Tonight (March 2nd) on the world famous Classic Album at Midnight on Radio Nova we’re playing Rory Gallagher’s Blueprint.
The album is presented in full with no commercials or interruptions.
Beginning his musical career as a teenager among Ireland’s showbands before forming his own band Taste in 1966, Rory Gallagher embarked on a solo career following that band’s breakup after their appearance at the 1970 Isle of Wight Music Festival.
In 1971 Gallagher released his self-titled solo debut album, forming a power trio with Belfast musicians drummer Wilgar Campbell and bass guitarist Gerry McAvoy. The same year saw the release of Gallagher’s second album, Deuce, which had a more conventional sound than its predecessor.
By 1972, Gallagher was considered one of the finest musicians working in rock and blues. Melody Maker had named him International Top Guitarist of the Year for 1971, but stardom eluded Gallagher. While he had a strong cult following and was hugely respected by other musicians, he struggled to break into the mainstream. As a live act, however, Gallagher was hugely popular, as documented on his third solo album, 1972’s Live in Europe.
For his fourth album, Blueprint, Gallagher replaced drummer Campbell with Welshman Rod de’Ath, who brought with him Lou Martin, the keyboardist from his old group Killing Floor. The power trio was now a power quartet. De’Ath was notably ambidextrous, which allowed him to play complex drum patterns.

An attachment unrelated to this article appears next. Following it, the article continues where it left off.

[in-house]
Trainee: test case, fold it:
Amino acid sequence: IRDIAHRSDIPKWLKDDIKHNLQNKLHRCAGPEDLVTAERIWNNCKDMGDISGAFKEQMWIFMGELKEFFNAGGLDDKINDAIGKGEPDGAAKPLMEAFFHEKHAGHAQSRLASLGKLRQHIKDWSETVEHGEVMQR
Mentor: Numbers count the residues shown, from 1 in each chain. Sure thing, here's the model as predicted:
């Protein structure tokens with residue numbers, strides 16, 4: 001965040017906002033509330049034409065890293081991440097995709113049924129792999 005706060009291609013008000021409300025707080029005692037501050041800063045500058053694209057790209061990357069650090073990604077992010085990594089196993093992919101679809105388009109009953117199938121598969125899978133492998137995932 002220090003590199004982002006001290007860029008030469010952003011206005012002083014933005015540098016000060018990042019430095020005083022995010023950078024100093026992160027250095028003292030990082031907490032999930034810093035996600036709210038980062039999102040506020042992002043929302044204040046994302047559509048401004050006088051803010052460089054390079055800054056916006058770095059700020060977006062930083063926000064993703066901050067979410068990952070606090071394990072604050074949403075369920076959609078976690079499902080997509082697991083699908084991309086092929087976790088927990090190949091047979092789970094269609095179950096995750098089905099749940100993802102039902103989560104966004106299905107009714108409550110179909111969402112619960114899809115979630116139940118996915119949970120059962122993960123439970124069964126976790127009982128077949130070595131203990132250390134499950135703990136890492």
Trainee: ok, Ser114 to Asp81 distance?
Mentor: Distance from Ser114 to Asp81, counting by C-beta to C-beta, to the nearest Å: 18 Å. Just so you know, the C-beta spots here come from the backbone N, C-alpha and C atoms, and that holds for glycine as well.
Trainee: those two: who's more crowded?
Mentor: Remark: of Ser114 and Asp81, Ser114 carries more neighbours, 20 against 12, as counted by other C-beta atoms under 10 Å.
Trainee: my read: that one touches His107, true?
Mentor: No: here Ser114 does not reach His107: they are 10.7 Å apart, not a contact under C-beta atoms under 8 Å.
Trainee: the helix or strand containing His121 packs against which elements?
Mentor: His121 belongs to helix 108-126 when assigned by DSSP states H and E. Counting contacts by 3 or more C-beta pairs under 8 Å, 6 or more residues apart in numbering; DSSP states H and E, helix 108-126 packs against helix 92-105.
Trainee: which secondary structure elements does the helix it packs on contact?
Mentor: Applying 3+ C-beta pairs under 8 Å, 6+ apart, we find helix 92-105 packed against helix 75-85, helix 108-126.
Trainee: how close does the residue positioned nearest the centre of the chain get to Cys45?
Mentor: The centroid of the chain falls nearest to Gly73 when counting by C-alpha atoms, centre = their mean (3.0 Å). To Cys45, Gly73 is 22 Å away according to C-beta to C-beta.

Recorded at London’s Marquee Studios and Polydor Studios, the Blueprint sessions saw Gallagher branch out musically. Along with his traditional guitar, Gallagher also played 12-string guitar, harmonica, mandolin and saxophone on the album. Along with the addition of Martin’s keyboards, this gave Blueprint a more expansive sound than Gallagher’s earlier albums. The influences of country and ragtime were added to Gallagher’s repertoire. Contrary to its title, Blueprint sees Gallagher at his fully formed best.
Lyrically, Gallagher was inspired by various sources, including his love of trains, the supernatural and a book he had been reading about Florida’s Everglades. Along with his original compositions, Blueprint sees Gallagher cover the old Big Bill Broonzy tune Banker’s Blues.
In its original release, Blueprint features eight tracks. On Side A are Walk on Hot Coals; Daughter of the Everglades; Banker’s Blues; and Hands Off. On Side B are Race the Breeze; Seventh Son of the Seventh Son; Unmilitary Two-Step; and If I Had a Reason. A later CD release would add an alternate version of Gallagher’s Stomping Ground and a cover of Roy Head’s Treat Her Right.
Gallagher would go on to record more acclaimed albums over the following decade and collaborate with American legends Jerry Lee Lewis and Muddy Waters, along with his idol, British skiffle star Lonnie Donegan. He even came close to joining the Rolling Stones at one point but chose his solo career instead.
We’re celebrating Rory Gallagher’s birthday tonight by playing Blueprint in full at midnight.